After a couple years of doing soap operas, this connection was lost, because this person didn’t work at the network anymore. And it’s pretty common that supervisors come and go regularly. After that person left, everything collapsed. Overnight, there was just no more work. I was used to writing every day, and suddenly there was nothing going on. So, I had all these tunes and thought, “What can I do with these?” I had a lot of friends and connections who were great singers and musicians, and I started to wonder what I could do to continue.
The first thing I did was call a bunch of libraries to see if they’d be interested in my music. I was calling all the big libraries and sending them my work, but I wasn’t hearing anything. I’d call at all different times and try to figure out what times they’d be there. I wasn’t being a pain in the ass, but I was definitely persistent: “Pleasantly pushy” is a great way to put it. I was always nice, never defensive or offensive, no matter what they said to me. I would listen to everything they told me and try to learn from it. But, I knew I wanted to do something in music and that I loved to write and hear my work on television.
I was getting a lot of negative feedback throughout this process. Everyone was saying, “It’s a terrible time to start a library, and you really shouldn’t start one.” In spite of this, I went ahead and started my own library. And I knew almost nothing about how to compete – what my edge would be and how I was going to get into the market. Some of the other big libraries had something like 20,000 CDs, and I had no idea how I was going to compete with that, even though I knew my music was just as good as theirs. Who would listen to me, when I owned about 150 tracks? When I would call people and try to sell them on my small catalog, they just wouldn’t want to talk to me. And the people I would meet with thought what I was doing was great and commercially viable. But there was never any follow-up and no one would sign me on.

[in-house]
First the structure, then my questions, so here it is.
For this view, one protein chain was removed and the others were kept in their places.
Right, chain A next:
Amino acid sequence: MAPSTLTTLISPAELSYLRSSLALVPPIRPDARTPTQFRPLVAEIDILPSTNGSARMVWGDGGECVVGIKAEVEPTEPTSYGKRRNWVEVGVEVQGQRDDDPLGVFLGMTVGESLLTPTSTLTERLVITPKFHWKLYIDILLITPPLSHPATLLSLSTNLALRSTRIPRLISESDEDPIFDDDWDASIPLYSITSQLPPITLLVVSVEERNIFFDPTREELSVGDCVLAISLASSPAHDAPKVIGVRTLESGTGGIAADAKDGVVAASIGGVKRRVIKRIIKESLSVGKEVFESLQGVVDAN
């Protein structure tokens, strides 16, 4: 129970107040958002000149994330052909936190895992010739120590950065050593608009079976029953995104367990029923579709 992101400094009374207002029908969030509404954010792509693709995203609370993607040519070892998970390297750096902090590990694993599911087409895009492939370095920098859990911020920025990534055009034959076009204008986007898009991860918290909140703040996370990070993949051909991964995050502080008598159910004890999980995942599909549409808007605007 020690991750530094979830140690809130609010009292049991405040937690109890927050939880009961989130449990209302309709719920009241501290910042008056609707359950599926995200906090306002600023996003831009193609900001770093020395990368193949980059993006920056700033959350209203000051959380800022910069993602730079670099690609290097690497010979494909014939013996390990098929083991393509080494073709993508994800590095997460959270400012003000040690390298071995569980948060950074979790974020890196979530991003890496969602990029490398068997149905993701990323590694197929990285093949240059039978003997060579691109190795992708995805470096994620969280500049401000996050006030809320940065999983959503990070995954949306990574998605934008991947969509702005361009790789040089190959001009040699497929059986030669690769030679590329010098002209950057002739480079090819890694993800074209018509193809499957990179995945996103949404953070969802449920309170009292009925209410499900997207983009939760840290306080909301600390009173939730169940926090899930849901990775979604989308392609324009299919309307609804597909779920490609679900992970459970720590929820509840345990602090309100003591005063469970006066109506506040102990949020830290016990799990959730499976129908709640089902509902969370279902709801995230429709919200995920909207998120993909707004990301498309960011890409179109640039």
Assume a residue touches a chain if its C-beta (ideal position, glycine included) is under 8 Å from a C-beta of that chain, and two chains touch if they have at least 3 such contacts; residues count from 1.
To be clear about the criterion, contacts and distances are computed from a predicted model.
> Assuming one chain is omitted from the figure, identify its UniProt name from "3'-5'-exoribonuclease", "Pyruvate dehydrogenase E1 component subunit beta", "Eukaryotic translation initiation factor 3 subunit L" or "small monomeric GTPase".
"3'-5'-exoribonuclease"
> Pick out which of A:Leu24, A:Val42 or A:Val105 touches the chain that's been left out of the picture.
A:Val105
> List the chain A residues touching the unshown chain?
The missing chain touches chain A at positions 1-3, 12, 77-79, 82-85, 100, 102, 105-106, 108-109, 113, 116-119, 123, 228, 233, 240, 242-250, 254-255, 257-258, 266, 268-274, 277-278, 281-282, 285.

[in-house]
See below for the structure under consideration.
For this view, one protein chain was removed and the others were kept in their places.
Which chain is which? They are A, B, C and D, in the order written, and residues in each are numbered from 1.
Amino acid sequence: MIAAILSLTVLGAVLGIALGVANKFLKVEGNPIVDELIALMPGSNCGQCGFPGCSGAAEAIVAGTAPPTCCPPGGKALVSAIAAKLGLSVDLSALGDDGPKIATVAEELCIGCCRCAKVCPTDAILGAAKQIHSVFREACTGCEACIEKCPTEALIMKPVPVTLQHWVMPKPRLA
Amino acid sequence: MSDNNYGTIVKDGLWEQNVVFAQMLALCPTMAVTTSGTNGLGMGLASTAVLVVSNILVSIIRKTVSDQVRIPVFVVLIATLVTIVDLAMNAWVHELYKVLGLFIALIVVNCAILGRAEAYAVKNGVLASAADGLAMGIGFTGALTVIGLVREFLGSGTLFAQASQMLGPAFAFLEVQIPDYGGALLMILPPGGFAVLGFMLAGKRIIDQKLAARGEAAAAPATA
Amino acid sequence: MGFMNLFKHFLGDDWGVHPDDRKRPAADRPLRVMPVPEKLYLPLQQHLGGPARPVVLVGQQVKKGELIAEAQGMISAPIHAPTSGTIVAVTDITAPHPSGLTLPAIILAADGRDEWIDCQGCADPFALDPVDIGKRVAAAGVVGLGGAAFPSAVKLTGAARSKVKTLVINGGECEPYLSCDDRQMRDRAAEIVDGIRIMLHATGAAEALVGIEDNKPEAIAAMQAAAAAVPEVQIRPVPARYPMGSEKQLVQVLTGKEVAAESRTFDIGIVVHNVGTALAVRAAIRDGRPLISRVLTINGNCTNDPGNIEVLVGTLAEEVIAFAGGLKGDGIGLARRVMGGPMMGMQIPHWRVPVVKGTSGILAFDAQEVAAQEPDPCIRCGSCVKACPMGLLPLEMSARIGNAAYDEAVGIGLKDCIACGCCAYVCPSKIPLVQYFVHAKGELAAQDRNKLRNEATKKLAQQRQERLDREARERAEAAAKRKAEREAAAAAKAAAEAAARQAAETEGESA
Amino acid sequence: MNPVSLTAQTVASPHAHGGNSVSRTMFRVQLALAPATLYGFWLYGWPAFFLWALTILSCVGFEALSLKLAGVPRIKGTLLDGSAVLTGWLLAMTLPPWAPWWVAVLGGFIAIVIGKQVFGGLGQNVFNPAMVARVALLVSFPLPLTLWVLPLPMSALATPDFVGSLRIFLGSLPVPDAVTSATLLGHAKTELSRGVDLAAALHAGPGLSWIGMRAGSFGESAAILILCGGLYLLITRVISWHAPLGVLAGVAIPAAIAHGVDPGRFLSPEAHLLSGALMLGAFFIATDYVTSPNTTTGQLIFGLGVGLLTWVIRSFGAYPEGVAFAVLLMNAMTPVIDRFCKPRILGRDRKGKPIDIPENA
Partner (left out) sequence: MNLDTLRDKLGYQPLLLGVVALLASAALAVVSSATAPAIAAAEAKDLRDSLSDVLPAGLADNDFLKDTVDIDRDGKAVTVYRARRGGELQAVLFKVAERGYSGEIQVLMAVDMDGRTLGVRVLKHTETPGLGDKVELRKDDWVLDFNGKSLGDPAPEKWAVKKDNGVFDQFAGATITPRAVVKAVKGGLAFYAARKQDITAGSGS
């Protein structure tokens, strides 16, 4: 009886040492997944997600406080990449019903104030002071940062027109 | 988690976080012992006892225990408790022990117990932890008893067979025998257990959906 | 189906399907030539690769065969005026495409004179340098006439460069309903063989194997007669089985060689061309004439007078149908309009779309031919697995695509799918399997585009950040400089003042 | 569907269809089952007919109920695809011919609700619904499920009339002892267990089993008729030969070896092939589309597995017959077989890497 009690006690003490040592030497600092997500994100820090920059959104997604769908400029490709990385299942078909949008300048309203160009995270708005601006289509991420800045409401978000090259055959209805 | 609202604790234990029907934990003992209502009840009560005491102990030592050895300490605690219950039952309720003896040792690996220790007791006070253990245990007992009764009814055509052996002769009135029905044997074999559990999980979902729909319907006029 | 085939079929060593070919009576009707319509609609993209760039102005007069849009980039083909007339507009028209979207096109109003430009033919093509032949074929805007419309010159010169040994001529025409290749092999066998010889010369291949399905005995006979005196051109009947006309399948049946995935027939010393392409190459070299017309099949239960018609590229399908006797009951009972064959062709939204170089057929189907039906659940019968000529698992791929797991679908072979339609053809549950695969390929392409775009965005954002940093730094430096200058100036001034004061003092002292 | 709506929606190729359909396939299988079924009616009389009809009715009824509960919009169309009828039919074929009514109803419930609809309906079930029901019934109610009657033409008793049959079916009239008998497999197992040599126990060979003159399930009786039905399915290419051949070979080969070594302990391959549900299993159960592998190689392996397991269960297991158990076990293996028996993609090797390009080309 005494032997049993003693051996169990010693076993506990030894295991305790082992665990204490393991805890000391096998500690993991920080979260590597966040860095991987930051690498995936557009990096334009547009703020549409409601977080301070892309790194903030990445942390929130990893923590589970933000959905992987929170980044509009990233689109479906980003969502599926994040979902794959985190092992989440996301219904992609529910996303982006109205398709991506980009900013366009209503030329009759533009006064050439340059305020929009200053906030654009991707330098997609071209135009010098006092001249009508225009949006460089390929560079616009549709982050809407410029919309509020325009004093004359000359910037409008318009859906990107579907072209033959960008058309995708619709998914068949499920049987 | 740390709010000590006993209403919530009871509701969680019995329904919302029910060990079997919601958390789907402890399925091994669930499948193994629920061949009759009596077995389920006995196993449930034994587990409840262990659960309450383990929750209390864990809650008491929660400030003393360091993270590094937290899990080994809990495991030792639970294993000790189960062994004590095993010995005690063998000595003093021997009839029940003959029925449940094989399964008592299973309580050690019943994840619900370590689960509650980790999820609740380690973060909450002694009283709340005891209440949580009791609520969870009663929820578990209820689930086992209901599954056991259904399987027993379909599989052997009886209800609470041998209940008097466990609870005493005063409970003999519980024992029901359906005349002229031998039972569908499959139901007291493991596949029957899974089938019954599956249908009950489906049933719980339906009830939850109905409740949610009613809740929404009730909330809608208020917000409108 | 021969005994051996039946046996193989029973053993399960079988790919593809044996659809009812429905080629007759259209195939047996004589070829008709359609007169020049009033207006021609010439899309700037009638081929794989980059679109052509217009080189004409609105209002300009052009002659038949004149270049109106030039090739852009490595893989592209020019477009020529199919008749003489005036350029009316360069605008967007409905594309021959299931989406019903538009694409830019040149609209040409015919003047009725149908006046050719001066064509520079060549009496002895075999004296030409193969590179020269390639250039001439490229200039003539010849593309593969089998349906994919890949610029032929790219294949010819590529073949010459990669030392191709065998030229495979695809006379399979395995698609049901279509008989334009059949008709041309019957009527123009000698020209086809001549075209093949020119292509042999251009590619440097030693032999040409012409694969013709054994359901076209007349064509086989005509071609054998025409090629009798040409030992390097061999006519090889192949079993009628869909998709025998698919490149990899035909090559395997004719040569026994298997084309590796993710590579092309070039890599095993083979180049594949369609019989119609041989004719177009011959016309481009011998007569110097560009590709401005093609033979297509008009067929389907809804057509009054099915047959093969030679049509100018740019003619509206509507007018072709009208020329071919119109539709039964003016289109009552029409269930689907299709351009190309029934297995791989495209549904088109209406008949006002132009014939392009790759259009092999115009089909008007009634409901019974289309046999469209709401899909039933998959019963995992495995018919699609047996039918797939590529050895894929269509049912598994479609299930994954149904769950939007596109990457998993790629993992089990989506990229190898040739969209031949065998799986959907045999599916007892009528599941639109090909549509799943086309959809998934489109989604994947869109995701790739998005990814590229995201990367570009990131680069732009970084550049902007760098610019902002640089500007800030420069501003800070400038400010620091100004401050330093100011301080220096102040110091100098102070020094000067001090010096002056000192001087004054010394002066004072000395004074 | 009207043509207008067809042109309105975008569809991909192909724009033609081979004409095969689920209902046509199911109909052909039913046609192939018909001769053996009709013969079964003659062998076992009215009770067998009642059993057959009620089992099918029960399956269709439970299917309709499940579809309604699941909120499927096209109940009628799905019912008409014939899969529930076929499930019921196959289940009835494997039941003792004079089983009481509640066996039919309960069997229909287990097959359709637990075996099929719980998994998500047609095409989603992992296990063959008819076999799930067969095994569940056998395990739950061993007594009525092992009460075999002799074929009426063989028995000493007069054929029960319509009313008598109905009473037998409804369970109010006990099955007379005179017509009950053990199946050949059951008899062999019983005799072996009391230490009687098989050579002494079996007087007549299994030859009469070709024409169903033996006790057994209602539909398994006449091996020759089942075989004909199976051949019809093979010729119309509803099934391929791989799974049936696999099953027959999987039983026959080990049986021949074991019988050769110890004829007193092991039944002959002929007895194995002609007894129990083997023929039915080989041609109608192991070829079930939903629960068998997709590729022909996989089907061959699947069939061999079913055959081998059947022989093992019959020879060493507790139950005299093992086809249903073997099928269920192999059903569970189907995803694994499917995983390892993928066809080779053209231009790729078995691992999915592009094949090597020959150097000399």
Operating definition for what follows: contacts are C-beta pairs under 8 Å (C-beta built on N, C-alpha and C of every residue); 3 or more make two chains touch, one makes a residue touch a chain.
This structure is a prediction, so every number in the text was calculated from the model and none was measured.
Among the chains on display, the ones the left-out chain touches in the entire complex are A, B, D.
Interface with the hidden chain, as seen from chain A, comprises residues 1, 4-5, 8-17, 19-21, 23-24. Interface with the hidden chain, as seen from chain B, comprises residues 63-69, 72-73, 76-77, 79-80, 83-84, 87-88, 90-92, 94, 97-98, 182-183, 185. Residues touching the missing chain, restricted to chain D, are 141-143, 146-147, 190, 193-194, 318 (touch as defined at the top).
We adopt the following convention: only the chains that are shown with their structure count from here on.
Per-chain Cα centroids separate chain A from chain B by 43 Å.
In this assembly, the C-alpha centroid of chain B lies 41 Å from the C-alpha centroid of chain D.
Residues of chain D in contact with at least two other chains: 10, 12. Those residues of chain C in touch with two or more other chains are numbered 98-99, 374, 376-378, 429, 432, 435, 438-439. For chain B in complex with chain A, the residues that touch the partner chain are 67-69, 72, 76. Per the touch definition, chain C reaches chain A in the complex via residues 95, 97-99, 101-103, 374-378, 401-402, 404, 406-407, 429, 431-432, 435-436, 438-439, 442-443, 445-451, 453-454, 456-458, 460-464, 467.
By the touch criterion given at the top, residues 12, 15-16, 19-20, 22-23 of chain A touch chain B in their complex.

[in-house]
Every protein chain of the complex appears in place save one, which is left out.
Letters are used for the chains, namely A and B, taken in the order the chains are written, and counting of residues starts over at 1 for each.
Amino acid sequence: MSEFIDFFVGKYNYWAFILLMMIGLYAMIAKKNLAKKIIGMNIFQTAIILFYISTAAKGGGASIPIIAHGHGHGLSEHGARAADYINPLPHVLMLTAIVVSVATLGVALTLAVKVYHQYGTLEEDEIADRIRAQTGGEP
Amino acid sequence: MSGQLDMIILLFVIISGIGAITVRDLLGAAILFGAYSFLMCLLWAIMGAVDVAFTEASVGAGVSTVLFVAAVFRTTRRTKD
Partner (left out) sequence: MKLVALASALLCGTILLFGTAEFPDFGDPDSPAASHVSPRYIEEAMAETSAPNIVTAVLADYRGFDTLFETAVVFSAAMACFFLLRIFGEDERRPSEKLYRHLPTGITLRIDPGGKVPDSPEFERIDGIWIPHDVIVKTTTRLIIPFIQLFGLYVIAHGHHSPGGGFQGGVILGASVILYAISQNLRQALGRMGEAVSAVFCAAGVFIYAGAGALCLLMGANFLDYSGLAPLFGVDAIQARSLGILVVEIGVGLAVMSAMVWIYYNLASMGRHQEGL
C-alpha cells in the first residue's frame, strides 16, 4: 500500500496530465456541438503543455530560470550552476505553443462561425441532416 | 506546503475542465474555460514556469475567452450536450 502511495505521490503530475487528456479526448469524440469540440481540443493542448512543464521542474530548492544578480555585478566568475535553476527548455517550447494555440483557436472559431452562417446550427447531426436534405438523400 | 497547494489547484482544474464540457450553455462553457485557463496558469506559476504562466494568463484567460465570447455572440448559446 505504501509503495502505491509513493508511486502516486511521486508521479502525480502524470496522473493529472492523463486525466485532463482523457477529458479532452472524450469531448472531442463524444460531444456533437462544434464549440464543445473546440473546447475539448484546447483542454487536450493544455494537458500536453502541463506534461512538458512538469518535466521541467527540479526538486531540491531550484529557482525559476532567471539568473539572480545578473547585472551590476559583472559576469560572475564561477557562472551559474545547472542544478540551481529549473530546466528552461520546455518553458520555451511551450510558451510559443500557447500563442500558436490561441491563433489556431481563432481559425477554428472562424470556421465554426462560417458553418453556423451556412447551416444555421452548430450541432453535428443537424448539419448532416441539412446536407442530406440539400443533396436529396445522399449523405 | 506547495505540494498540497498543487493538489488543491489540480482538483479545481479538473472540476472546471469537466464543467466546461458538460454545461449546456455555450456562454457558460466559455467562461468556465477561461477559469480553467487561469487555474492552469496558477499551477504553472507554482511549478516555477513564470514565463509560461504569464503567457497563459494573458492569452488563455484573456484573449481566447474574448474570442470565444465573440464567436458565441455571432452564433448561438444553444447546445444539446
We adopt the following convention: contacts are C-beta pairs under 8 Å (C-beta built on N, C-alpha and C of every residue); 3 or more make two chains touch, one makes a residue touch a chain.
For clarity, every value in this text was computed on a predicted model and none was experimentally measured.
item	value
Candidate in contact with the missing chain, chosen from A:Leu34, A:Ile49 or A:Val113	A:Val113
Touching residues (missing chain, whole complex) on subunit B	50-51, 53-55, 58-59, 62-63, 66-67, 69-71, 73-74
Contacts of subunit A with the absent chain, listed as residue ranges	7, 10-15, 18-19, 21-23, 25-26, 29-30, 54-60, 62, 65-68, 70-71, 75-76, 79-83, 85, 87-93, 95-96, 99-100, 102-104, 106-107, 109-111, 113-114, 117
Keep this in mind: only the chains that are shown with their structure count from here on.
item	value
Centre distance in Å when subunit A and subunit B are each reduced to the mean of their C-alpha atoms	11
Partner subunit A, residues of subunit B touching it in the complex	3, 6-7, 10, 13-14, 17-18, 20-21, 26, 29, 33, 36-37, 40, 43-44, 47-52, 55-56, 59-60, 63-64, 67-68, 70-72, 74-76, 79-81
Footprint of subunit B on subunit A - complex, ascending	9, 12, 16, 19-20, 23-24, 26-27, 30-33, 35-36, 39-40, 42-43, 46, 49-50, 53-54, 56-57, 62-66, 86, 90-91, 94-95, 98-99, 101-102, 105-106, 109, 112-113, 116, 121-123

I finally signed onto a small publishing company. I gave them 60 tunes, and nothing happened for years. I finally decided I’d had enough and said to myself, “I think I can go out and do a better job than these people.” So, I wrote them a letter to get out of the contract, like my contract stated I could. The problem was, I didn’t send it certified mail, so they said they never got it, even though they were just a couple towns over. And the deadline had passed for me to get out of the contract, so they told me they owned the tunes forever. The smart thing I was able to do with these people was retain 50% of my publishing. So, because I still owned 50% of my masters, I could still exploit the tracks at the same time this company was exploiting them.